Nicotinamide adenine dinucleotide, or NAD, is a cofactor found in every living cell on the planet. In fact, life would not be possible without it.
NAD exists in two forms, a reduced form, which is abbreviated as NADH and the oxidized form, which is NAD+.
To understand more about NAD+, let’s first talk about our mitochondria.
What Are Mitochondria?
The mitochondria of the body are known as the powerhouses of our cells. These specialized structures work like a mini-digestive system, taking in nutrients, breaking them down, and creating an energy-rich type of food for cells.
The job of mitochondria is to keep the cells of the body full of energy. Each cell has a different number of mitochondria, depending on its needs. For example, muscles have many mitochondria since they need more energy than neurons, that don’t require as much energy to function.
The Relationship Between NAD+ and Mitochondria
NAD+ is what helps the mitochondria maintain its good health. As you can imagine, if mitochondria are weak or damaged, it can’t give the body the energy it needs to function at its best.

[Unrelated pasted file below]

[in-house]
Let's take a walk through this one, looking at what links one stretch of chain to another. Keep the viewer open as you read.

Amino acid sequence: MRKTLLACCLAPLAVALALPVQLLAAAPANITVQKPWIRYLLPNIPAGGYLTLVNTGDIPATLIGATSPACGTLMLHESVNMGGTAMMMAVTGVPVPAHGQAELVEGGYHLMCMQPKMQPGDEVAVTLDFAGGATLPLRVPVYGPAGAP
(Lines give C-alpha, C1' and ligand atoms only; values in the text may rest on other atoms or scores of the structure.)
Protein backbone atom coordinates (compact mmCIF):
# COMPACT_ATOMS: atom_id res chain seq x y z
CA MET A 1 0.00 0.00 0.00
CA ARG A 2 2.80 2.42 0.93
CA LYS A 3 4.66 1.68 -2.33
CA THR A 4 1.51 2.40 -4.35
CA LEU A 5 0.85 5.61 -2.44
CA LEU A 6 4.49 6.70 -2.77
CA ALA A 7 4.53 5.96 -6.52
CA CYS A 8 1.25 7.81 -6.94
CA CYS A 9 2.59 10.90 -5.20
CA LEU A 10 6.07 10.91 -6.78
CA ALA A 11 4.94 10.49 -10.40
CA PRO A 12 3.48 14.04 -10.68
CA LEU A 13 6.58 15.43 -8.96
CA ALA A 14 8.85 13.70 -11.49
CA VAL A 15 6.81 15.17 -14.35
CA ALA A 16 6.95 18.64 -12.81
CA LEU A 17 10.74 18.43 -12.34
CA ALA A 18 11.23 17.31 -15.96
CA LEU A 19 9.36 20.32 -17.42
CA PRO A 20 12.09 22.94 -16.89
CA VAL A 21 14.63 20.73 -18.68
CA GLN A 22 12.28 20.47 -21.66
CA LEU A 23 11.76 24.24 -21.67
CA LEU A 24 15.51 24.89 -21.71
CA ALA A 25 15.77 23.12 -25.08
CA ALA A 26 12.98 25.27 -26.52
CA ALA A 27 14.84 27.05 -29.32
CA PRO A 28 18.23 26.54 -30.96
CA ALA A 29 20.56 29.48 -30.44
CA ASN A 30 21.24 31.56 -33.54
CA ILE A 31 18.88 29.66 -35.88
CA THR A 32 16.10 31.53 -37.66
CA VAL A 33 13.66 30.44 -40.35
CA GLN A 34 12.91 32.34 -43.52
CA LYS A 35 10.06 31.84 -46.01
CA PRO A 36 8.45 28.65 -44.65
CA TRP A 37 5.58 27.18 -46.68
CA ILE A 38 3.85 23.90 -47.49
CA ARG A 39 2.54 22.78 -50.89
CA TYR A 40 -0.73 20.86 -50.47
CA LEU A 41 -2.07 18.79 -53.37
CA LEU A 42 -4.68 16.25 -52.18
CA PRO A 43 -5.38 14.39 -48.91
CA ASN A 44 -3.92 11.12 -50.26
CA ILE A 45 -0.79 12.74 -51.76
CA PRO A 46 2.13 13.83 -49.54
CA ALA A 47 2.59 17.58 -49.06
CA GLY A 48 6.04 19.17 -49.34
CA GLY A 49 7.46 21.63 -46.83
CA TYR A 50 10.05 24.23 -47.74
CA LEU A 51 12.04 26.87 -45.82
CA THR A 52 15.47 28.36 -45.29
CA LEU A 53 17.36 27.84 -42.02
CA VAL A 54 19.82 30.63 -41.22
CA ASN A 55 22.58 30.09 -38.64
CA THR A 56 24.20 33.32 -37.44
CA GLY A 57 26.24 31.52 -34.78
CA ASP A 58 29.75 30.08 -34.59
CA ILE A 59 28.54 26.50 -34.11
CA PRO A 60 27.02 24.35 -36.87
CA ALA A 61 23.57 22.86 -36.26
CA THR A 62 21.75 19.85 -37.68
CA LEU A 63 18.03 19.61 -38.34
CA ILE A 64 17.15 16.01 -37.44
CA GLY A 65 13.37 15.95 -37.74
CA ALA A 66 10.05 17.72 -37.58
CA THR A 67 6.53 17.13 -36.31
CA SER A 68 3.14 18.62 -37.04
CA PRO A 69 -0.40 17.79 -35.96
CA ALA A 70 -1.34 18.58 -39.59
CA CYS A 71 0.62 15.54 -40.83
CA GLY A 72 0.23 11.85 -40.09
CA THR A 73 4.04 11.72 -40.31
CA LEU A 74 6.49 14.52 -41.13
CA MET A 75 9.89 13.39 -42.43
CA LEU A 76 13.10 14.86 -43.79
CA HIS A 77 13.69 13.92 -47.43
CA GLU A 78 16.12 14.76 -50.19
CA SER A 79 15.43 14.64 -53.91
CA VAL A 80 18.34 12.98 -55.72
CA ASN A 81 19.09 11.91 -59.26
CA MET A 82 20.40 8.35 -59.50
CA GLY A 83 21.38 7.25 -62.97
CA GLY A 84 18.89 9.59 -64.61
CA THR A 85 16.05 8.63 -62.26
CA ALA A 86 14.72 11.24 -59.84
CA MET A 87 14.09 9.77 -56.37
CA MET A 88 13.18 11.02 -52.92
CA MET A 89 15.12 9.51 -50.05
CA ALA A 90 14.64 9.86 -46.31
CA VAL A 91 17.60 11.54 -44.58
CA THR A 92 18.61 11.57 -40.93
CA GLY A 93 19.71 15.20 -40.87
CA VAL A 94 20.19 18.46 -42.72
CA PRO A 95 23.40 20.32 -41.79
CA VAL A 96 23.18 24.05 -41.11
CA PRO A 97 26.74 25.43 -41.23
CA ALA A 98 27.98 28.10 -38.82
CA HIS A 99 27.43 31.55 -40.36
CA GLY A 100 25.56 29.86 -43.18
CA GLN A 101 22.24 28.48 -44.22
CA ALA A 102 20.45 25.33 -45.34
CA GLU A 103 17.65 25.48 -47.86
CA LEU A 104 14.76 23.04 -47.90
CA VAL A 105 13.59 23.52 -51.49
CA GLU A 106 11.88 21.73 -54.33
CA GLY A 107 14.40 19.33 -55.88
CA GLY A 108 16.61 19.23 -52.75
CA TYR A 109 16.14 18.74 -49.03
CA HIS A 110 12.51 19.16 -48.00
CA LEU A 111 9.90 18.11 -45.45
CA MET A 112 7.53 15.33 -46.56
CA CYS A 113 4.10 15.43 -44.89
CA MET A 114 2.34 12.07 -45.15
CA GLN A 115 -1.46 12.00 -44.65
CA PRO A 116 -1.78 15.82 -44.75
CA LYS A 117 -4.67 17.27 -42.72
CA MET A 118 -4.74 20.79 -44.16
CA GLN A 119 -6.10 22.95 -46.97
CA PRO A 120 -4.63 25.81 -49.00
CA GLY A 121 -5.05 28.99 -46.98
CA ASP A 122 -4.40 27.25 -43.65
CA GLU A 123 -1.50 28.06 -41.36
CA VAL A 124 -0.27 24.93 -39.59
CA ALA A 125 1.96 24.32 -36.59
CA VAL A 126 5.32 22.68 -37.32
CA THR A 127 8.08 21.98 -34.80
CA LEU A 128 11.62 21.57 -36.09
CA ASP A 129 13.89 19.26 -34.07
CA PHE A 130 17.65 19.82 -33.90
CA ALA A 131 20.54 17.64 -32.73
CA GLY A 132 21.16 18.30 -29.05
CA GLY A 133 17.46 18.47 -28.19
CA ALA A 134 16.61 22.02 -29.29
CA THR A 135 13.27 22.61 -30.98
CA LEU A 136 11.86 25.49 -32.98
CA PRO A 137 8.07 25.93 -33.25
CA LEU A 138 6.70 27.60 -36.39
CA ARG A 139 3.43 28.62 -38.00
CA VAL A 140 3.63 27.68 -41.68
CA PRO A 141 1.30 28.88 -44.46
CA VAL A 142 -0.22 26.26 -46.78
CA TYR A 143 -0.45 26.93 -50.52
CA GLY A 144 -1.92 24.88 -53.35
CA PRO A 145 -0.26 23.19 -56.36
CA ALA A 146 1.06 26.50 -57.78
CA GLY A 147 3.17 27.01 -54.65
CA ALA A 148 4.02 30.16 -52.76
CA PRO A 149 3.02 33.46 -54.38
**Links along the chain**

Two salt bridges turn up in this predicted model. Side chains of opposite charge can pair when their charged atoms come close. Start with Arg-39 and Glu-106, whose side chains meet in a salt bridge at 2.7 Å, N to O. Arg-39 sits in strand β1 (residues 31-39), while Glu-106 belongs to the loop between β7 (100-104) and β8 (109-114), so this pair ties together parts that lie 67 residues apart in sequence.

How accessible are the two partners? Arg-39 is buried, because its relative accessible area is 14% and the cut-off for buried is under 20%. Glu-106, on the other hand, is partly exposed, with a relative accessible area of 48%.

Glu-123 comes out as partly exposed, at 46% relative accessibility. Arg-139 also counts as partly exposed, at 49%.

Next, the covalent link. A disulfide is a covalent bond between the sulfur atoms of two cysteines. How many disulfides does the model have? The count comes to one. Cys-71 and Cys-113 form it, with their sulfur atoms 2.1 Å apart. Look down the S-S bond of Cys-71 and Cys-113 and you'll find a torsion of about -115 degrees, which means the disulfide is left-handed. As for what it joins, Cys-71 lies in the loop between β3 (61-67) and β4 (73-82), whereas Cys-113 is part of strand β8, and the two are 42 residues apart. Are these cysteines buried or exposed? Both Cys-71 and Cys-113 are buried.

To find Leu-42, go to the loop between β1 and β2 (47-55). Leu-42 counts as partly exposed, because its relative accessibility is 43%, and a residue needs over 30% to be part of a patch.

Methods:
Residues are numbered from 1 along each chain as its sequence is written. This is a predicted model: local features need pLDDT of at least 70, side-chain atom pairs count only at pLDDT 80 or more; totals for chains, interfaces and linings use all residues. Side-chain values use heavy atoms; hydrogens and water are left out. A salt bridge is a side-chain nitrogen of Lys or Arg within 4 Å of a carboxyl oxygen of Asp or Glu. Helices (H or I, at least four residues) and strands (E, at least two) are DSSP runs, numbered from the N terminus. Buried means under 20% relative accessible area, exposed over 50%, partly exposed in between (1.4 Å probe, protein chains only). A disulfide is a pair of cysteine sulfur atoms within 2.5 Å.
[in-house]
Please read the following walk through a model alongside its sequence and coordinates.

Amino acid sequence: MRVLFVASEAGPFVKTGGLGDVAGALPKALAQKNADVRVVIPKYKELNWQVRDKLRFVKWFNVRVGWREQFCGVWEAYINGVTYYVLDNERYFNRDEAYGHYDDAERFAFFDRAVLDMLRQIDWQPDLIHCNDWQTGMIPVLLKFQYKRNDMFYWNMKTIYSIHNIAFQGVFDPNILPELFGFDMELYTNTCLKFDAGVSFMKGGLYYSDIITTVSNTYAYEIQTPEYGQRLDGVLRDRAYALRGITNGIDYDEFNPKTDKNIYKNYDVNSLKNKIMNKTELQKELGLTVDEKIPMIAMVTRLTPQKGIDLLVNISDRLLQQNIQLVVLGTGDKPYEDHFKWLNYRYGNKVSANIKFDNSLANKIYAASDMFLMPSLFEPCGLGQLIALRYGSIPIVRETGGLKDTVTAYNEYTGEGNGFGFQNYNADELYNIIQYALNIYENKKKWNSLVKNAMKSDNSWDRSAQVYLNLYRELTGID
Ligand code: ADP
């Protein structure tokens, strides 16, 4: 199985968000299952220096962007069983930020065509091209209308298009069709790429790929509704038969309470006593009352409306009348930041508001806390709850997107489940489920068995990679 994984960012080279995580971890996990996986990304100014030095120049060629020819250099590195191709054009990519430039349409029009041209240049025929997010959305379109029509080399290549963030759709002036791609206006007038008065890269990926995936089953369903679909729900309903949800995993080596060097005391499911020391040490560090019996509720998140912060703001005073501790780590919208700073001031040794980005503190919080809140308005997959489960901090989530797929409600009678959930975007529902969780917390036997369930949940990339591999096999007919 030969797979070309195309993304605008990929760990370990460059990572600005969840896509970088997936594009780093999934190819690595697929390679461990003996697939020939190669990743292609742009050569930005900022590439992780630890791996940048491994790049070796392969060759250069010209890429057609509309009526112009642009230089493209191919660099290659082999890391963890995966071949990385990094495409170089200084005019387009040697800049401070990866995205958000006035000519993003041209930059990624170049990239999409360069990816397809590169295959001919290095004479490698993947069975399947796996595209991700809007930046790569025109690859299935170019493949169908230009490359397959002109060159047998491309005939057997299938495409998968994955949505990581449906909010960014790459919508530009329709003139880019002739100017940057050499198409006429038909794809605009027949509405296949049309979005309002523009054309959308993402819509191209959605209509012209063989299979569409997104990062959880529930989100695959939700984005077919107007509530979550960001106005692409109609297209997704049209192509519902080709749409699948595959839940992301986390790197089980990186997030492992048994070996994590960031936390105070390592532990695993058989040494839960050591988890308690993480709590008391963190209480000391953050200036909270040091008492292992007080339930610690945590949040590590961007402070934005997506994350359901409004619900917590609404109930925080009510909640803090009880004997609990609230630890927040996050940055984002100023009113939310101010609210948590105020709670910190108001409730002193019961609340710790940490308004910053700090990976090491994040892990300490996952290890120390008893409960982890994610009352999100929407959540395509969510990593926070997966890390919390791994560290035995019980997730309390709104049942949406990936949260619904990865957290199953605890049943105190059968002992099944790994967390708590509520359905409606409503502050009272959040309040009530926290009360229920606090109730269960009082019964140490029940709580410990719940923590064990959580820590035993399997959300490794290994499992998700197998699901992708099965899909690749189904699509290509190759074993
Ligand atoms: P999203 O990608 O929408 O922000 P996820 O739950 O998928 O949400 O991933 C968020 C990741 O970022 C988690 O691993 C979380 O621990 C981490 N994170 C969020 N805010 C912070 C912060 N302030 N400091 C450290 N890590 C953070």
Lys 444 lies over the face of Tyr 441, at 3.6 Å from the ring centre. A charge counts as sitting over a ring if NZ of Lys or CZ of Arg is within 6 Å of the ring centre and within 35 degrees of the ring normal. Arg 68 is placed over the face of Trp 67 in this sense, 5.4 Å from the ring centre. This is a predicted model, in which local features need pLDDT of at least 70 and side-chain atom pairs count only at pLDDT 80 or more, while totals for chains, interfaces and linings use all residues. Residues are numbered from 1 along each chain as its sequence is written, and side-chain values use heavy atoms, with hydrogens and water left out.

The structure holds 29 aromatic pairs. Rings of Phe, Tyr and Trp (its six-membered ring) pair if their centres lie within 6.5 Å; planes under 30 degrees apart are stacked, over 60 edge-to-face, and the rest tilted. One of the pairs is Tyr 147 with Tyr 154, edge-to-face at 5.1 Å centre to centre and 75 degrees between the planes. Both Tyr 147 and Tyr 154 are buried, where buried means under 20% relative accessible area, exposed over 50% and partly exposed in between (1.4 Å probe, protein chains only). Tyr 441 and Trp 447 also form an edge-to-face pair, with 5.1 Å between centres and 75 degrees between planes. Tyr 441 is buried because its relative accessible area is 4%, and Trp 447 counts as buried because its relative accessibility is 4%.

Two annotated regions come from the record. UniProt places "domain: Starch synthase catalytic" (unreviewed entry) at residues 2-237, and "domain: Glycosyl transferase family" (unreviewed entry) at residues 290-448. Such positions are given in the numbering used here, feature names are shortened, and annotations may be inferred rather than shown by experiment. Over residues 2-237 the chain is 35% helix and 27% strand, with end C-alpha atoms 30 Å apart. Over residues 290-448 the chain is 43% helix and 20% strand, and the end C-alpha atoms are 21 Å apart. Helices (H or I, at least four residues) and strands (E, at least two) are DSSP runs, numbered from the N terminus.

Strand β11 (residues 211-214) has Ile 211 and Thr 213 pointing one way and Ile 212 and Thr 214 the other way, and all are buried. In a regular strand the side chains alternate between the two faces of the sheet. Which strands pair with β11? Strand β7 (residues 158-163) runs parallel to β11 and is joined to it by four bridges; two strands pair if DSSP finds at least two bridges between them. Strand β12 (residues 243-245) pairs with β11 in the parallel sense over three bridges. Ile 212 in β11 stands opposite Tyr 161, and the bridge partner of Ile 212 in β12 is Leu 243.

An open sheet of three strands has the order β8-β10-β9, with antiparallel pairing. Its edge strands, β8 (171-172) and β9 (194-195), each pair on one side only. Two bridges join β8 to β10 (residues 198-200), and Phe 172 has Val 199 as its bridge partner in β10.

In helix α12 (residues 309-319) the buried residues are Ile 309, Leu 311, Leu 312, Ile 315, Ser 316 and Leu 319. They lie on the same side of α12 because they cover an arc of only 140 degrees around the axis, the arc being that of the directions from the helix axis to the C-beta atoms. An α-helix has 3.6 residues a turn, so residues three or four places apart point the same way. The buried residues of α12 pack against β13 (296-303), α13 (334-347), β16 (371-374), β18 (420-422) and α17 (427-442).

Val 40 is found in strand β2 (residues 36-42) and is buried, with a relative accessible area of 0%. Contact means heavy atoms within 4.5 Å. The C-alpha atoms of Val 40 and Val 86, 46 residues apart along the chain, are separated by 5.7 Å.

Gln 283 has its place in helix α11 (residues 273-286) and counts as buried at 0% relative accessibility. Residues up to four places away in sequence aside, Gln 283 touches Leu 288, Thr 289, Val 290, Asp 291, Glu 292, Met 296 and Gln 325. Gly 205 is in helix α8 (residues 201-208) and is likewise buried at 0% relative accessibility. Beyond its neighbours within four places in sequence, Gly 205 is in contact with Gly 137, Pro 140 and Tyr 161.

This naturally occurring cofactor NAD+ is also necessary for keeping genes that can accelerate the aging process in the “off” position.
As we age, our levels of NAD+ decline, which leaves the mitochondria vulnerable to degeneration. This, in turn, causes our bodies to age since our ability for cellular repair has been compromised. Lower levels of NAD+ can also allow those genes which speed up the aging process to kick into high gear.
Not Something New but Newly Found Evidence
NAD+ was discovered back in 1906, although scientists didn’t know as much about how it functioned as they do today.
An exciting new discovery occurred in 2004 when Charles Brenner and his team found the pathways through which NAD operates and that feeding a precursor to NAD (nicotinamide riboside) to yeast gave it a longer lifespan.